In ‘Portrait of Jason,’ a campy queen and natural-born star

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PORTRAIT OF JASON

Never trust the teller,” D. H. Lawrence said, “trust the tale.” That’s excellent advice, but not with “Portrait of Jason.” A restored print of Shirley Clarke’s 1967 documentary starts a weeklong engagement at the Museum of Fine Arts Wednesday.

In real-life terms, the teller here is utterly untrustworthy. He’s the film’s namesake, Jason Holliday: sometime cabaret performer, campy queen, unashamed hustler, natural-born star. In effect, the film is an extended monologue by him. Artistically, though, you can’t help but trust him. Like any star turn, Holliday’s performance rings utterly true. It’s that indefinable but unmistakable reality-beyond-reality called art.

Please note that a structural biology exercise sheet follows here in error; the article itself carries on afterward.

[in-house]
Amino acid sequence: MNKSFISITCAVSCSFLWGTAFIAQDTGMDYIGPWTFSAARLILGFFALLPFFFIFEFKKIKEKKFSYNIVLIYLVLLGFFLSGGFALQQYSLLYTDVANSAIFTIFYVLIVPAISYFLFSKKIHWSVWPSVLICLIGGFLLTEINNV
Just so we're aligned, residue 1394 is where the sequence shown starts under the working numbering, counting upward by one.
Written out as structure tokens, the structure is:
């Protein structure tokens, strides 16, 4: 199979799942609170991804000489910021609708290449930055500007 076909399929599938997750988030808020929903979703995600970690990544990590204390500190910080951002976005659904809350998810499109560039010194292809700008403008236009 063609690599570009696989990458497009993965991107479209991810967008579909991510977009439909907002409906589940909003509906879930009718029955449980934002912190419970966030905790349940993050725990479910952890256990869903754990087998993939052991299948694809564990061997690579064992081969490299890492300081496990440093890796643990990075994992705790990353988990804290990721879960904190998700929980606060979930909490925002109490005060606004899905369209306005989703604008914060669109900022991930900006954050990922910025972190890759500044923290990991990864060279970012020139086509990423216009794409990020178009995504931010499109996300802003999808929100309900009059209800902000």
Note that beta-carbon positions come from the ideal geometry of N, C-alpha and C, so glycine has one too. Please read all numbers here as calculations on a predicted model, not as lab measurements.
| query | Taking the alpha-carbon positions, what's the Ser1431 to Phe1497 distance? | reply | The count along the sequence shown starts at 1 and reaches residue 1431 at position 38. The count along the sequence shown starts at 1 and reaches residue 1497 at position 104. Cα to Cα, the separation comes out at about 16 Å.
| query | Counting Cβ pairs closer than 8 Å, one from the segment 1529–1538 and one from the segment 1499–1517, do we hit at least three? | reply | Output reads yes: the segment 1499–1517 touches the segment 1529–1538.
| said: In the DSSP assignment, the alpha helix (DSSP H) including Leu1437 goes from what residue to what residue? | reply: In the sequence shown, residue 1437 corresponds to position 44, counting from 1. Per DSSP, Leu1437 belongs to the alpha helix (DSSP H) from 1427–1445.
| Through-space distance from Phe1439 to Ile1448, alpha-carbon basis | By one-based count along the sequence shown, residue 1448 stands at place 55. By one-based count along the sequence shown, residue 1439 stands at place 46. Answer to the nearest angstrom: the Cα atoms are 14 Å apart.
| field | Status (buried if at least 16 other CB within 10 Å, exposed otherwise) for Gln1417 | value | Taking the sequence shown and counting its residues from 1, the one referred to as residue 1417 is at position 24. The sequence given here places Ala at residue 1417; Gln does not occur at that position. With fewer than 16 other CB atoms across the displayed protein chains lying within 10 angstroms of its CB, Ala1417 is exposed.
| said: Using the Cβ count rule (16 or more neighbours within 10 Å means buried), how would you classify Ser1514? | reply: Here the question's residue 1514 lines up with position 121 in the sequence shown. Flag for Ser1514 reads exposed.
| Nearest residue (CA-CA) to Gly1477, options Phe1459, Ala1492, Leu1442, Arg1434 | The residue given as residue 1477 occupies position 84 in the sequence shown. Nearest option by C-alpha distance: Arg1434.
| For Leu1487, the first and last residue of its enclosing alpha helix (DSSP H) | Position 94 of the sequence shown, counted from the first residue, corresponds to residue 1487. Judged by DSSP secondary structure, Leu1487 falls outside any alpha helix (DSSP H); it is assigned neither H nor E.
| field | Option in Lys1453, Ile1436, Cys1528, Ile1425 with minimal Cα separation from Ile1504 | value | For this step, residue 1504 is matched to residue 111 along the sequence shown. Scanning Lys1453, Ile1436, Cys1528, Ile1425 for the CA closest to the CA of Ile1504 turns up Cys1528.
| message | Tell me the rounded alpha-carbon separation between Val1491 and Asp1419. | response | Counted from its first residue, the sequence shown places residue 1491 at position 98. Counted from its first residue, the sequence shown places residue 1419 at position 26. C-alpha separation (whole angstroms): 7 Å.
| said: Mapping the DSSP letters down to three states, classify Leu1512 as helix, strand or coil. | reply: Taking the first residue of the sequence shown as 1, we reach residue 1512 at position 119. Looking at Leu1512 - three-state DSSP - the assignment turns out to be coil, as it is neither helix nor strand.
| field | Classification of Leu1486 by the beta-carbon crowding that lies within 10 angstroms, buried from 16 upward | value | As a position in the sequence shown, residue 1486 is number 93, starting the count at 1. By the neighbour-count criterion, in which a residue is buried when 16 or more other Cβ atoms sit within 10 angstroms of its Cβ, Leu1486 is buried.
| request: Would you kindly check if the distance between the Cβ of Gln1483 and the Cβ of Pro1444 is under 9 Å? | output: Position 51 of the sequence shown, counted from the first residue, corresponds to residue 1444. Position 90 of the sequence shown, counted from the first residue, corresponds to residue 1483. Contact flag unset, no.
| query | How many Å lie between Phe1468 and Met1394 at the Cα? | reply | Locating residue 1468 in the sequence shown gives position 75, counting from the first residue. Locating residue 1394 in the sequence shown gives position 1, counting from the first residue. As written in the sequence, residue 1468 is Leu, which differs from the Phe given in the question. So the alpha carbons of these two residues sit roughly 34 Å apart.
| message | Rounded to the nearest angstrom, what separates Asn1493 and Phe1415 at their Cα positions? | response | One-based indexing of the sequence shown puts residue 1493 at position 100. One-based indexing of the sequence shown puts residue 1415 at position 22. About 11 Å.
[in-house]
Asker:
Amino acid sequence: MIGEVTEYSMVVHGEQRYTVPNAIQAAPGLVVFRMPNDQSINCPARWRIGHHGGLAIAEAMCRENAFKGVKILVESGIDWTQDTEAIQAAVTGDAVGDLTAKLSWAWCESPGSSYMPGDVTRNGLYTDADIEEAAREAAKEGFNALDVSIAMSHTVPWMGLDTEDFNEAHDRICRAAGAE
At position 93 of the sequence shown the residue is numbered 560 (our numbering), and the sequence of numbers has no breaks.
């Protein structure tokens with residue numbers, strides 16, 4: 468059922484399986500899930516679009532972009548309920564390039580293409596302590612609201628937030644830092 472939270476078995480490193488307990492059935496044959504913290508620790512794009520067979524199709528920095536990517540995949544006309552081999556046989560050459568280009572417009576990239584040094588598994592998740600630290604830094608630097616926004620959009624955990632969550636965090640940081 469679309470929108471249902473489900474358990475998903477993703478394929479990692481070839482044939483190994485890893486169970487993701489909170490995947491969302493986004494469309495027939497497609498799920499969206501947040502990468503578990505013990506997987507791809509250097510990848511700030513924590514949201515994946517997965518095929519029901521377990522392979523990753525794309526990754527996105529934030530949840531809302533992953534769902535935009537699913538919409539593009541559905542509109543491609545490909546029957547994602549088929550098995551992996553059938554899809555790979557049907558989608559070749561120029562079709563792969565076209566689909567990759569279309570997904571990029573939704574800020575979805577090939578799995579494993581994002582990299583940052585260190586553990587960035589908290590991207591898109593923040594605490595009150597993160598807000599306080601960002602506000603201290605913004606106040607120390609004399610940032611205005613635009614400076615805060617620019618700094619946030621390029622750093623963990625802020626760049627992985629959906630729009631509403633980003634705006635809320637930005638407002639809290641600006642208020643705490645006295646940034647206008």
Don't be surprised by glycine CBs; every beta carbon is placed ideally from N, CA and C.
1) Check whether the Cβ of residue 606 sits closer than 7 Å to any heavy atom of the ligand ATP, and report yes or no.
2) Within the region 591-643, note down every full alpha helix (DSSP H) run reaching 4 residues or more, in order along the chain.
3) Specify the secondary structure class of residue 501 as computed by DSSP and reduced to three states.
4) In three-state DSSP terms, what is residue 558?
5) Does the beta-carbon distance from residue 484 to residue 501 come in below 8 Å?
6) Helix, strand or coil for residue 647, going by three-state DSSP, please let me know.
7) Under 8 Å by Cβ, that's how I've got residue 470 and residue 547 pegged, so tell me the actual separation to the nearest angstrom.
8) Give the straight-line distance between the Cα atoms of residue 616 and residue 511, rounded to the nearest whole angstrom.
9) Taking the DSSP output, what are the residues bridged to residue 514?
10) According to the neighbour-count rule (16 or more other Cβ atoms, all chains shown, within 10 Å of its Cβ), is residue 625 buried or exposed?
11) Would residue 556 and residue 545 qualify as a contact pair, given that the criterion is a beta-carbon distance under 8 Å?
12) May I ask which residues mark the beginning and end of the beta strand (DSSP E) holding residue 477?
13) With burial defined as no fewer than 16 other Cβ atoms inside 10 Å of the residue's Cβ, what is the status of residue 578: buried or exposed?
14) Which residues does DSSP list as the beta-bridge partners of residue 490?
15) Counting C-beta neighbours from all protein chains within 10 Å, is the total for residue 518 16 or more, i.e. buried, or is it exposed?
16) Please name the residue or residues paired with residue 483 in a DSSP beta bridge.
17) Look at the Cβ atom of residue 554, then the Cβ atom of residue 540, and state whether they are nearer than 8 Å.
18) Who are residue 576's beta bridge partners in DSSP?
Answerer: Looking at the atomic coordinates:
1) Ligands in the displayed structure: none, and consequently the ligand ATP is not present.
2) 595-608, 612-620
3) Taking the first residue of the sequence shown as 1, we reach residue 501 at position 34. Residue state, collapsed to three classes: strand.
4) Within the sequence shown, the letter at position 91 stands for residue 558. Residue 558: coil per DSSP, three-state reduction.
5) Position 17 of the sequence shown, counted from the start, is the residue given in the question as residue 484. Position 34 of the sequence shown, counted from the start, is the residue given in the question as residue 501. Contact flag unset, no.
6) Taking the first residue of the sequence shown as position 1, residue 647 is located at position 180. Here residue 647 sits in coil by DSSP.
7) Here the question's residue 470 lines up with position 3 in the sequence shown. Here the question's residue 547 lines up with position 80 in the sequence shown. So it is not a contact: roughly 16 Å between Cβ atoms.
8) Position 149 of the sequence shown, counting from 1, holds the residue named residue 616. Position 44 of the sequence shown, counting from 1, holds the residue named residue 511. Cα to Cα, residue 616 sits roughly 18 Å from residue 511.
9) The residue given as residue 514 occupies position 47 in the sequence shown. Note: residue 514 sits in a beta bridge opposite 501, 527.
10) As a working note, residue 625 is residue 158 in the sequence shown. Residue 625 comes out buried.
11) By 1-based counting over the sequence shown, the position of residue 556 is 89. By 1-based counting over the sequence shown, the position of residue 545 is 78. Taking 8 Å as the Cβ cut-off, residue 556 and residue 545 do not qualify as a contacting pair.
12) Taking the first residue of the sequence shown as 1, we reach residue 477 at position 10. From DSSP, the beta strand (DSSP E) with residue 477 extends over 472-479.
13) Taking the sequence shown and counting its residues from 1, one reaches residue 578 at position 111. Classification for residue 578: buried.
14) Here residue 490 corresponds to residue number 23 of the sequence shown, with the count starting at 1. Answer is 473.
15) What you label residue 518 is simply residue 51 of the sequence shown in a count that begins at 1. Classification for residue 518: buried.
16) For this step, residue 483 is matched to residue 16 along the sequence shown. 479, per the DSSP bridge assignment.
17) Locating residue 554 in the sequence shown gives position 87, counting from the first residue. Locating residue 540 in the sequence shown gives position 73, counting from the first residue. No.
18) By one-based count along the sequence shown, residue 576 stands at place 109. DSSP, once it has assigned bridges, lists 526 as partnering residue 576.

Clarke (1919-1997) was a pioneering figure in American indie film.

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